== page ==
I review a lot of code. A lot.
On average, I look at around 100 plugins and themes (combined) per day. If I’m not reviewing code for the WPORG plugin repository, I’m debugging sites for customers, writing my own code to make it better, testing patches for WordPress, and pretty much dancing the dance a lot. I like this sort of thing a lot, since I get to see all sorts of different methods to madness, and it improves my abilities to see people doing it right and wrong.
That said, I’m not the best coder in the universe. I don’t claim to be, I don’t plan to be, and I don’t worry that I’m not. We all have our skills and mine is not to be a psycho awesome super coder. Mine is debugging, breaking, helping people debug and break, and writing. We call that support, generally, and it’s a noble profession! But more on that another day. The fact is I don’t know all the code in WordPress. I’m guilty of
doing_it_wrong() often enough. And yet, I don’t see my ignorance to be a detriment to what I do.
In an article “Probability and Possibilities”, my father talks about how we react to natural disasters, and how that impacts how we predict them, and their costs. Near the end, he talks about being prepared by having resilient responses, and lists the following traits of those people/groups:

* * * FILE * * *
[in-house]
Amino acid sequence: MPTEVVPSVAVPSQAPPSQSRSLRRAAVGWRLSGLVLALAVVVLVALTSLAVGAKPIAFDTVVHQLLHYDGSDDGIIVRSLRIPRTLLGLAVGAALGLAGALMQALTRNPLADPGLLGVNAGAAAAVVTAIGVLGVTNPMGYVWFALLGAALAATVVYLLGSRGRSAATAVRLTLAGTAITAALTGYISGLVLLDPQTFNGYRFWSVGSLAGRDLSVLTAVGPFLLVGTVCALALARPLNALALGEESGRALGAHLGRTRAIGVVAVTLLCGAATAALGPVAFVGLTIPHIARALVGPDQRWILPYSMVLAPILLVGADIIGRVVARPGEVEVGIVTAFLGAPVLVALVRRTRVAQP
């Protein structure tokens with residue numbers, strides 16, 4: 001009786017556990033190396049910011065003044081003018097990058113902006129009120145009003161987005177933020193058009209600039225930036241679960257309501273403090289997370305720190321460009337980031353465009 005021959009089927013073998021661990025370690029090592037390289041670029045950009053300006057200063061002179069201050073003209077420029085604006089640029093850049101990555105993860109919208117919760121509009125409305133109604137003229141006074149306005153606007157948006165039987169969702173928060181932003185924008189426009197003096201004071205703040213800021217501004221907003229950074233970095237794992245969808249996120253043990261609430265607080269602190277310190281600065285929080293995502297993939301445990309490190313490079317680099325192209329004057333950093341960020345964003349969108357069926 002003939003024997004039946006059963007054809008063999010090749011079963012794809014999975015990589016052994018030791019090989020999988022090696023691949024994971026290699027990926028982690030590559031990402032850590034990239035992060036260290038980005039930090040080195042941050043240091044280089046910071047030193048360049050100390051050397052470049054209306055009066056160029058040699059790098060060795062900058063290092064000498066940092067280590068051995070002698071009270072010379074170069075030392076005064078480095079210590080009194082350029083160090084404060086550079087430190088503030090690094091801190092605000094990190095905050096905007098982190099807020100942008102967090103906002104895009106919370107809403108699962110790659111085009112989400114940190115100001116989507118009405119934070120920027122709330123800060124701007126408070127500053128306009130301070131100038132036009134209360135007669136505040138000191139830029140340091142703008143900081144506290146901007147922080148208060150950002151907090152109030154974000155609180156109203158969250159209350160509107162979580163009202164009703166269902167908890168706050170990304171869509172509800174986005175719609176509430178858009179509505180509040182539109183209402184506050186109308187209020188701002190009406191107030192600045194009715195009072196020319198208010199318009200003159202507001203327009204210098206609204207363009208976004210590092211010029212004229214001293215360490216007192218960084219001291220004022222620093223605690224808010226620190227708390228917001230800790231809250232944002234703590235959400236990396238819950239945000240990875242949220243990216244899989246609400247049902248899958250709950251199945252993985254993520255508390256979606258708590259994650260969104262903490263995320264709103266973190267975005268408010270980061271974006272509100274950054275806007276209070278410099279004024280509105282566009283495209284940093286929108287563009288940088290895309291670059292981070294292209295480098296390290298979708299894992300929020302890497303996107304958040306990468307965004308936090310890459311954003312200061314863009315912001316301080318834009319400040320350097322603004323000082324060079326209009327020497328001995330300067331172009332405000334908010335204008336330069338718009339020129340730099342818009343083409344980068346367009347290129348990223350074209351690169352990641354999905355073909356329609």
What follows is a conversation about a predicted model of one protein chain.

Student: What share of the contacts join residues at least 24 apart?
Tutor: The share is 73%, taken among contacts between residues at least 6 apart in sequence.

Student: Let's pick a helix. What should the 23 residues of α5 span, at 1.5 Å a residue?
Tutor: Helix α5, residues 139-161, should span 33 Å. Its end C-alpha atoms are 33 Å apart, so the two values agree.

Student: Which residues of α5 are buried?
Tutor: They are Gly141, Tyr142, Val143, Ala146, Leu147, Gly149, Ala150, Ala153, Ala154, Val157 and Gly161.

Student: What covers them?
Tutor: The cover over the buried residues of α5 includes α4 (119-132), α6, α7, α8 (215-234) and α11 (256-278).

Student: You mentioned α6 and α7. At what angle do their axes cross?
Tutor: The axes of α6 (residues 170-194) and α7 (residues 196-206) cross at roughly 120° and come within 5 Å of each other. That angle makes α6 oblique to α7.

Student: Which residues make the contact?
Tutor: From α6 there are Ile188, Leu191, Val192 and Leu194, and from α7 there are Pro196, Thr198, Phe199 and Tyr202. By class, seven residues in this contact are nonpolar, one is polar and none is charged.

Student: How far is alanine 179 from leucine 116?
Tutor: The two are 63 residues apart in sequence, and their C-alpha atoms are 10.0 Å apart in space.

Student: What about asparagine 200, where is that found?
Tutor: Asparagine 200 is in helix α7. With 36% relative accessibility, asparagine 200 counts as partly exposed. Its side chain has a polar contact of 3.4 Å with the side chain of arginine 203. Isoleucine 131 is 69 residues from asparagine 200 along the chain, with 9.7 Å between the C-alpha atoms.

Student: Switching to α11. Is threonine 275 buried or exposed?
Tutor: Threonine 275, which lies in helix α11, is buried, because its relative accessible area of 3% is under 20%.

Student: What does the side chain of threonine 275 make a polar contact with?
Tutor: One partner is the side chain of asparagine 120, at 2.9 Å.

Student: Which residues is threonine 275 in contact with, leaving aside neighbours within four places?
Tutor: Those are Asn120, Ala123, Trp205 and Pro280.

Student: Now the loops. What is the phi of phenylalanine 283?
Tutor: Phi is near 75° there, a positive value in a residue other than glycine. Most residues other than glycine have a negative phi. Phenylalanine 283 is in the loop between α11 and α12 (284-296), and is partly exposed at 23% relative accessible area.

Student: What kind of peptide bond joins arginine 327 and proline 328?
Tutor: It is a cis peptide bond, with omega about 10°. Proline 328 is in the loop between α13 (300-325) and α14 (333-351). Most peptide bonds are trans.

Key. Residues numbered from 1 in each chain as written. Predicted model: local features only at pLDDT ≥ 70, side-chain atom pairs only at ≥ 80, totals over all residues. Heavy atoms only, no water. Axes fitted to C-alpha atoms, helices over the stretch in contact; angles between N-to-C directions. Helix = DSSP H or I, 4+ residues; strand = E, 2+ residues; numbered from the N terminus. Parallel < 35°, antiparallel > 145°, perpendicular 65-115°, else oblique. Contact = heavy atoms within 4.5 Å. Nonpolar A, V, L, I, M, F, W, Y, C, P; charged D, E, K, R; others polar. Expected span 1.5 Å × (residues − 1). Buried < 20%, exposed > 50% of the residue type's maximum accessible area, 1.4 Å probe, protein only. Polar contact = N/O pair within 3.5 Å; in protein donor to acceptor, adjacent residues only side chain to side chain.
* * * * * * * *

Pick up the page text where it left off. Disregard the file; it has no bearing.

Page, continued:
- Drawing on experience
- Questioning that experience
- Improvisation, or making the most of materials at hand
- Listening and speaking
- Examining preconceptions
- Ignorance + knowledge = wisdom
- Recognizing and taking advantage of luck
I didn’t realize it at the time, but my dad raised me to be resilient, because those eight traits are ones I apply constantly to my code reviews. It’s because of those that I’m able to do all those plugin reviews, even when I don’t know all the right moves. As a senator once said, I know it when I see it.
Many times, I’ll review a plugin and flag it saying “This is not secure” or “This is not done properly” and sometimes I’ll take a moment to explain exactly why, but given the sheer volume of reviews I need to get through to keep up my end of the review process I will often use some standard ‘predefined’ replies. I don’t review all plugins, nor do I reply to all the emails, though sometimes I know it looks like I do. Still, if one person has to review 25 plugins a day, and craft a reply for half of them (yes, about half the plugins we get need some sort of reply that isn’t ‘approved!’), how am I, a non-uber coder, capable of actually knowing that the code is wrong?
I’m going to tell you the biggest secret of support ever. You ready?
You don’t have to know how to fix what’s wrong to know that it is, in fact, wrong.
That’s it. Not knowing how to fix things was, I admit, one of the leading causes as to the impostor syndrome feelings I had when writing my WordPress Plugin Support ebook. But the thing was, I knew that the code was right or wrong most of the time. Oh, sure, I make a couple mistakes, but if I see someone calling